How­ever, if you do plan a win­ter trip, be pre­pared for seasonal trans­port chal­lenges, es­pe­cially if you’re self-driv­ing.

ES­SEN­TIAL TIPS CANADA IS ENOR­MOUS

Made up of 10 prov­inces, three ter­ri­to­ries, and five time zones, Canada’s land mass cov­ers al­most 10 mil­lion square kilo­me­tres, mak­ing it the sec­ond largest coun­try in the world (af­ter Rus­sia). To put this in per­spec­tive, it takes a min­i­mum 50 hours be­hind the wheel to drive from coast to coast.

With such a vast area to ex­plore, it can be chal­leng­ing if you only have a lim­ited time to travel.

Con­sider choos­ing just one re­gion, such as the Rocky Moun­tains or BC’s West Coast, or book one of the many rep­utable tours that op­er­ate through­out Canada, which spe­cialise in max­imis­ing time and sight­see­ing op­por­tu­ni­ties.

TAX AND TIP­PING When buying any­thing in Canada, you’ll no­tice the price is higher at the check­out than what’s on the shelf (or menu). That’s be­cause sales tax isn’t in­cluded in the dis­play price, so ex­pect to pay an ex­tra 5-15 per cent, depend­ing which prov­ince you’re in.

Then there’s the art of tip­ping. While not manda­tory in Canada, it is gen­er­ally ex­pected as most ser­vice providers re­ceive a rel­a­tively low base wage. But you only need tip when a ser­vice is in­volved, such as for wait­ers and bar­tenders, taxi driv­ers, beau­ti­cians and tour

While tip­ping 15-20 per cent of the cost is con­sid­ered stan­dard, some peo­ple tip less if it was poor ser­vice or more if it was ex­cep­tional.

The good news is that the Cana­dian dol­lar is rel­a­tively on par with the Aus­tralian dol­lar (un­like in the US), so it’s eas­ier on your pocket.

CANNABIS IS COM­MON, RE­ALLY COM­MON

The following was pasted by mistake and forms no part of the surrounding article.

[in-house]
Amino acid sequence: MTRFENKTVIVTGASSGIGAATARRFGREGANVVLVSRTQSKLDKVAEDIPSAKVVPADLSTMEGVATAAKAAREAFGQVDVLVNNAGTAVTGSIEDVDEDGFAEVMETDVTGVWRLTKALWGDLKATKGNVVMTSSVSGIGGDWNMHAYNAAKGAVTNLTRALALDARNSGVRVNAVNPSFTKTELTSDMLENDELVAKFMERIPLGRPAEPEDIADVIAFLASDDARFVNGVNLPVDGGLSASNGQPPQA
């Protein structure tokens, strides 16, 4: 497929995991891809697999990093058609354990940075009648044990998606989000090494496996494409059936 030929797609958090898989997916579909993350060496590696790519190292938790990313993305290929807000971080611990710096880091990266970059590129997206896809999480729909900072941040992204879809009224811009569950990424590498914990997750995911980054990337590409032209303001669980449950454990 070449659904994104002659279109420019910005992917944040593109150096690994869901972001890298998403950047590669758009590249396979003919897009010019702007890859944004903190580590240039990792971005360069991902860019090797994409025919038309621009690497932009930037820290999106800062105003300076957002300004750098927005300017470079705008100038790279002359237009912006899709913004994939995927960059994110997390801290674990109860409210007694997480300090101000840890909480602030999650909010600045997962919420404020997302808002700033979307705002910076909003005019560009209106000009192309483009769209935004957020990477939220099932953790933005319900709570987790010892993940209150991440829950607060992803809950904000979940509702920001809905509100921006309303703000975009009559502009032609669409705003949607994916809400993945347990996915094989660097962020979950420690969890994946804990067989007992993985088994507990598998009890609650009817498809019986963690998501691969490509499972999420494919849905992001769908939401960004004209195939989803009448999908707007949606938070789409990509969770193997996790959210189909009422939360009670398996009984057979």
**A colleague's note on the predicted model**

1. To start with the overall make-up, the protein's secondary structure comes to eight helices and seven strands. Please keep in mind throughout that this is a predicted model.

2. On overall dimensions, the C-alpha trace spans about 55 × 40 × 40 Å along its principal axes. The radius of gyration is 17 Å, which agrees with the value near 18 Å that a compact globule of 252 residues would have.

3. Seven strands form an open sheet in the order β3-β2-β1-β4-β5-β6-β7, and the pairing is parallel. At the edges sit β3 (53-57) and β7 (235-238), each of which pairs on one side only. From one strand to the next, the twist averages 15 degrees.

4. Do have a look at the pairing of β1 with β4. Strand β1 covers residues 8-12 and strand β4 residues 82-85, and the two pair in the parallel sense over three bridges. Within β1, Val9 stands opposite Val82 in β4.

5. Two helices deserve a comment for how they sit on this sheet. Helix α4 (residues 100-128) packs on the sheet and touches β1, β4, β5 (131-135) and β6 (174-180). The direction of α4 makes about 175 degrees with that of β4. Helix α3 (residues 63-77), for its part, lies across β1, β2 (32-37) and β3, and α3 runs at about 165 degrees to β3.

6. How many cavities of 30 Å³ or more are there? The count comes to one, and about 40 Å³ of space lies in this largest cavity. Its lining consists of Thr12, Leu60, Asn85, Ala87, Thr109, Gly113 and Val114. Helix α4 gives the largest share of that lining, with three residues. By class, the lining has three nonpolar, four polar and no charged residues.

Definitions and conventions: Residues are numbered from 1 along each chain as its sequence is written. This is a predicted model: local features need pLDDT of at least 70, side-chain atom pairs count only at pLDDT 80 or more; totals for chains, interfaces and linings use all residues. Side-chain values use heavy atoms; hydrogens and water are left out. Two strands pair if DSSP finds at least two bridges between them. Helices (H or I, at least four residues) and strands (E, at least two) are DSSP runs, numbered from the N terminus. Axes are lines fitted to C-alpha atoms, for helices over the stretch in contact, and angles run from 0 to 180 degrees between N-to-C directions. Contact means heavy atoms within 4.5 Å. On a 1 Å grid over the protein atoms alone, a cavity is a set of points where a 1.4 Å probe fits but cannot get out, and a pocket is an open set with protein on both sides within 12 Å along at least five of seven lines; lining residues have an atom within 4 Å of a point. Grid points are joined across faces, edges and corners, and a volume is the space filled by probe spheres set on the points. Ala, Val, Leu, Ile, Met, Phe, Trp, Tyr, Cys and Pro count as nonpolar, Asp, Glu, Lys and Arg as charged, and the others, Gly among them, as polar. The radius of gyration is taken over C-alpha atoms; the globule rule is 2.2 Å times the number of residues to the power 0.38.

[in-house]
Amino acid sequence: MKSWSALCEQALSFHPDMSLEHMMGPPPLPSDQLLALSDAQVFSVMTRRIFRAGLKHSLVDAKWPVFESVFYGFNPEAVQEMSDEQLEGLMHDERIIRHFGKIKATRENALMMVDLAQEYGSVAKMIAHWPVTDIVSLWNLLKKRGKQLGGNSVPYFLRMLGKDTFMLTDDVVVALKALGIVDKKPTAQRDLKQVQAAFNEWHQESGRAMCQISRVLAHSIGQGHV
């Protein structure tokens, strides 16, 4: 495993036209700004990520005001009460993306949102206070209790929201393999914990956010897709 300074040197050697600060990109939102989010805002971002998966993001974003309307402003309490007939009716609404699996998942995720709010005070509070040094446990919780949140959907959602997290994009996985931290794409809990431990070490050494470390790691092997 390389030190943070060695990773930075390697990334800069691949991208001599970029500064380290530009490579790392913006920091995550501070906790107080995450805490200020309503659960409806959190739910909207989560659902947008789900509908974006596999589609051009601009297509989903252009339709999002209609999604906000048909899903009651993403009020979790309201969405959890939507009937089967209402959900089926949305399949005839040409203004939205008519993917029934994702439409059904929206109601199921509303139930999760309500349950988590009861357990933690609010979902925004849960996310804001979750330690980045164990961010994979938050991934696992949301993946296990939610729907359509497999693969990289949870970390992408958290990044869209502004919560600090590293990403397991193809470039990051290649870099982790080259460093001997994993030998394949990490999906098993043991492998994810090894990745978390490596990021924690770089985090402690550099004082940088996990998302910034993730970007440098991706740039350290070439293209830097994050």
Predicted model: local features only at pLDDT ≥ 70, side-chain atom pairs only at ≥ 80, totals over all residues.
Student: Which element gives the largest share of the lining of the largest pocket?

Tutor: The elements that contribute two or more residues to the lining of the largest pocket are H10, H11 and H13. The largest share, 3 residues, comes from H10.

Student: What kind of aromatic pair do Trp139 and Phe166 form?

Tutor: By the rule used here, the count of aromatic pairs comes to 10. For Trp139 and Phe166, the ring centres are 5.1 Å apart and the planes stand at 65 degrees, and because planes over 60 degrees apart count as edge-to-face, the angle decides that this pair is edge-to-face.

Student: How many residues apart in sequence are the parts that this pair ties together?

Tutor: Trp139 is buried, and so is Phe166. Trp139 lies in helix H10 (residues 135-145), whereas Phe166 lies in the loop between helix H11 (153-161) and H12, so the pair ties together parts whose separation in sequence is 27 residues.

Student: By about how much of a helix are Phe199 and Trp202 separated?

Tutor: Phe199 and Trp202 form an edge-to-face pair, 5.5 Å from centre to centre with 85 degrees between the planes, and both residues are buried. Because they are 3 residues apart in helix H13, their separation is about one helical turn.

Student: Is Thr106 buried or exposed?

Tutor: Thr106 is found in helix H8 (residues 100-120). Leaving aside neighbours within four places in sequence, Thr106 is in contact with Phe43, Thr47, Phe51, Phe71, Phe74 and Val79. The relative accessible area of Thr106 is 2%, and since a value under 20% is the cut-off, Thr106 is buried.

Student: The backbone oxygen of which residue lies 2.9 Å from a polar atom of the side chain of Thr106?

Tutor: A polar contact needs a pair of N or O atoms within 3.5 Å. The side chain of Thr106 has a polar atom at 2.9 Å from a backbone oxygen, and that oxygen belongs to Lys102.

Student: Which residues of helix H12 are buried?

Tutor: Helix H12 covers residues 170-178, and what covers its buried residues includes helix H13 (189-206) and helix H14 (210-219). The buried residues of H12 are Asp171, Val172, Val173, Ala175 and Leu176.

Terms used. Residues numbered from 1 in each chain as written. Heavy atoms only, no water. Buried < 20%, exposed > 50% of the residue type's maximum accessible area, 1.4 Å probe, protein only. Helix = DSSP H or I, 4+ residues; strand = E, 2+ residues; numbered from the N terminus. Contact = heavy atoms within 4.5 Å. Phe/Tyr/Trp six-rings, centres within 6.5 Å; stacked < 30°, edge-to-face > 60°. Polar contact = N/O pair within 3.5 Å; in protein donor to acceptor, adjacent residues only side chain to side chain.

You needn’t travel far to no­tice (or smell) that Cana­di­ans take a rel­a­tively lib­eral stance on cannabis. At present, pot is le­gal for medic­i­nal pur­poses only, but it is a grey area as recre­ational mar­i­juana is on track to be le­galised in Canada by July. Al­ready there are upwards of 200 dis­pen­saries (shops that sell cannabis) na­tion­wide, to men­tion a grow­ing num­ber of gourmet ed­i­ble pro­duc­ers and cannabis-friendly travel ex­pe­ri­ences.

CANADA IS A BILIN­GUAL NA­TION

you ar­rive at any Cana­dian air­port, you’ll no­tice there are two of­fi­cial lan­guages, English and French. Ev­ery­thing from sig­nage to pack­ag­ing comes in a bilin­gual for­mat. While English is the dom­i­nant lan­guage in most ar­eas, French is the mother tongue in the prov­ince of Que­bec. What’s more, the Québé­cois lan­guage in­volves a par­tic­u­lar twang and slang that dif­fer­en­ti­ates it from Parisian French.

But multiculturalism doesn’t end there, with Cana­di­ans rep­re­sent­ing a vast range of na­tions, races, re­li­gions and her­itage. From Van­cou­ver’s vi­brant Asian com­mu­nity (with the third-largest Chi­na­town precinct in North Amer­ica), to the rich Ir­ish cul­ture of New­found­land (also with their own hy­brid ac­cent), and the unique First Na­tions cultures that can be seen from coast to coast.

YOU NEEDN’T TRAVEL FAR TO NO­TICE CANA­DI­ANS TAKE A REL­A­TIVELY LIB­ERAL STANCE ON CANNABIS

PIC­TURES: HORN­BLOWER NI­A­GARA CRUISES, ISTOCK, TRAVEL ALBERTA, CANA­DIAN TOURISM COM­MIS­SION

Canada has an in­cred­i­ble view of Ni­a­gara Falls in On­tario (main pic­ture) and cap­ti­vat­ing wildlife. Win­ter is the best time to see the North­ern Lights and lo­cals love an ice hockey game.

PIC­TURE: SUP­PLIED

French is the mother tongue in the prov­ince of Que­bec.